>>Instead of deducting the value of goodwill annually over a period of maximal 40 years, companies are now required to determine the fair value of the reporting units, using present value of future cash flow, and compare it to their carrying value (book value of assets plus goodwill minus liabilities.) If the fair value is less than carrying value (impaired), the goodwill value needs to be reduced so the carrying value is equal to the fair value. The impairment loss is reported as a separate line item on the income statement, and new adjusted value of goodwill is reported in the balance sheet.[6]

      Wolf says:

      >>If we subtract GE’s “goodwill” – goodwill is an accounting entry that parks expenses temporarily on the balance sheet as an asset to be expensed on a later date – from equity (like Buffett says to do),

      But not just any expense. Only the overpayment inherent in the previous acquisition of another company. Also, the “Buffet rule” applies only when a company is insolvent (which GE may be. so that the rule does indeed apply).

      That a company has a large goodwill entry on its balance sheet does not necessarily mean anything one way or the other. It could mean that they bought a highly profitable business and paid accordingly for future cashflow and earnings/profits. It could also mean that they bought a dud and overpaid for it. But if a company is insolvent, then having a large amount of goodwill on the balance sheet means it is even more insolvent than you might otherwise think. With the Wall St general propensity to overpay and inflate everything, I suppose it is always smart to keep an eye on the developments of the Goodwill entry on the balance sheet.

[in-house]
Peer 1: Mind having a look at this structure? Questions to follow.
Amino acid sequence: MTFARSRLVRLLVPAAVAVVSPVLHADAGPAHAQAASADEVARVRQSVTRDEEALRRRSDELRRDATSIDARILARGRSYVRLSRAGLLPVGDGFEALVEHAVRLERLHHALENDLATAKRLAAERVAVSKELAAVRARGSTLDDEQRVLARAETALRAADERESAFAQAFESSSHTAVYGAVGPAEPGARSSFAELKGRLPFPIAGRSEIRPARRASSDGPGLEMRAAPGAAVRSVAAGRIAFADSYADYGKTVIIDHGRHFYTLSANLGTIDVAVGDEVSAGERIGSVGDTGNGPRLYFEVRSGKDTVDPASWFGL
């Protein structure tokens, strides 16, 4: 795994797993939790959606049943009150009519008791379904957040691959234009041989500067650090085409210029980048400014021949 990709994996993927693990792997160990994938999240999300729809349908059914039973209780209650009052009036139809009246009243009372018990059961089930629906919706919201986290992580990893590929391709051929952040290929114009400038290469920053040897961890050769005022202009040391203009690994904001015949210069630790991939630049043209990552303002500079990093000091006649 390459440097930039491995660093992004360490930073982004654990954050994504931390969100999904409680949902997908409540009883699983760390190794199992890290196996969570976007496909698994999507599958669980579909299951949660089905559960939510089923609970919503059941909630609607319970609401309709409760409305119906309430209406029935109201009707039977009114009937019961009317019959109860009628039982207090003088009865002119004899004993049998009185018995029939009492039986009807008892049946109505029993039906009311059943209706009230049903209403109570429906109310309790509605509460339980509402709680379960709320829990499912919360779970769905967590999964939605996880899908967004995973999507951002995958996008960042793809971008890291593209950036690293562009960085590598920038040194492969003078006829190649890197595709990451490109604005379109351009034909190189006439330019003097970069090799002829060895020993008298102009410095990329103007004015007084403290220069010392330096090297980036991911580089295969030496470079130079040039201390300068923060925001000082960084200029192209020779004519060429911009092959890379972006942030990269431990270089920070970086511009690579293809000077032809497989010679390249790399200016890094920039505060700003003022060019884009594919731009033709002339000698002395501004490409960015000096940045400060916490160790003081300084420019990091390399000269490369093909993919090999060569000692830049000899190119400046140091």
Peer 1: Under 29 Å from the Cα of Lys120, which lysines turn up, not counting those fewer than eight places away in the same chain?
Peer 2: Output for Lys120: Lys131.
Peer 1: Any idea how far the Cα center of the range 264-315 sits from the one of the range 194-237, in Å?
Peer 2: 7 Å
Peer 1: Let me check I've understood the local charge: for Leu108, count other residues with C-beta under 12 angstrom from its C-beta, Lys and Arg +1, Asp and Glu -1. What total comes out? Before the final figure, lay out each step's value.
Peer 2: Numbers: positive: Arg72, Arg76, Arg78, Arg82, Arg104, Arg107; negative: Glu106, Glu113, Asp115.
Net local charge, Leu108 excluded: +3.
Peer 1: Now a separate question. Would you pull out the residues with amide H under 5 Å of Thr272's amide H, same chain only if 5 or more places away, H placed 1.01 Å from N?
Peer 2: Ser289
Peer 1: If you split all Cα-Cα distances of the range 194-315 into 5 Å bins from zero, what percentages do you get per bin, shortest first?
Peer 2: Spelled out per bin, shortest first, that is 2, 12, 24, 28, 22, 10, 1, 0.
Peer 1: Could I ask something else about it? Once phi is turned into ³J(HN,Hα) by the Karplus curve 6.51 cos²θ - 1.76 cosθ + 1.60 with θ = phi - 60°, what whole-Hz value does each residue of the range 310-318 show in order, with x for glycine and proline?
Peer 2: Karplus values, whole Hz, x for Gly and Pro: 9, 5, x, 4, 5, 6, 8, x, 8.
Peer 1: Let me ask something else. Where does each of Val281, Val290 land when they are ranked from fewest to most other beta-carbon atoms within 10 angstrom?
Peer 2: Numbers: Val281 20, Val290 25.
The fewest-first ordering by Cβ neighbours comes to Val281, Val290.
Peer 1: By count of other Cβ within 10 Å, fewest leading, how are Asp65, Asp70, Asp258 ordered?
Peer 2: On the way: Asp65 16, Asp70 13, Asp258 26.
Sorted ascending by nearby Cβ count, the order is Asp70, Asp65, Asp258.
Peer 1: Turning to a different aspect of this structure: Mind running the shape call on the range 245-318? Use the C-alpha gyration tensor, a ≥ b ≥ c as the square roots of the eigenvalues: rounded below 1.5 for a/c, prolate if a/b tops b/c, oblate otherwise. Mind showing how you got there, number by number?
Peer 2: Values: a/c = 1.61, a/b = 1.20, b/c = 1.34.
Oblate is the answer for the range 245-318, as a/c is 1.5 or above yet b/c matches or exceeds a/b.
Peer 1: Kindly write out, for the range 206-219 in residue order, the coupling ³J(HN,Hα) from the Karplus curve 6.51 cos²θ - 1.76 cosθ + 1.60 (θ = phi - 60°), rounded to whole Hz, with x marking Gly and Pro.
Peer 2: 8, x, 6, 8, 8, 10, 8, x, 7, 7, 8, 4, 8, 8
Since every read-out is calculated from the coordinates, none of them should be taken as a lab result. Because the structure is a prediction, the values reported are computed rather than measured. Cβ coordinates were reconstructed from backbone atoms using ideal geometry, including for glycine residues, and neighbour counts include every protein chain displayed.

I hope this was informative. At least I learned something and got to put it down in writing for reference.

      • Feb 5, 2018 at 6:32 pm

        You just show one of the ways – not the only way – in which goodwill ends up on the balance sheet (overpayment for an asset). But you didn’t show what happens next.

        Goodwill is eventually written off — at which time it becomes an expense against income. That’s the fate of Goodwill. It’s an expense that is temporarily parked as an asset on the balance sheet. That’s how GAAP allows companies to deal with certain issues.

        Real money was paid for whatever became goodwill. But when this goodwill is written off as an expense, analysts call it “non-cash” charge against earnings and tell people to ignore it. This is part of the scheme. True, it is “non-cash” at the time of the charge-off. But it was very much cash spent at the time goodwill was triggered.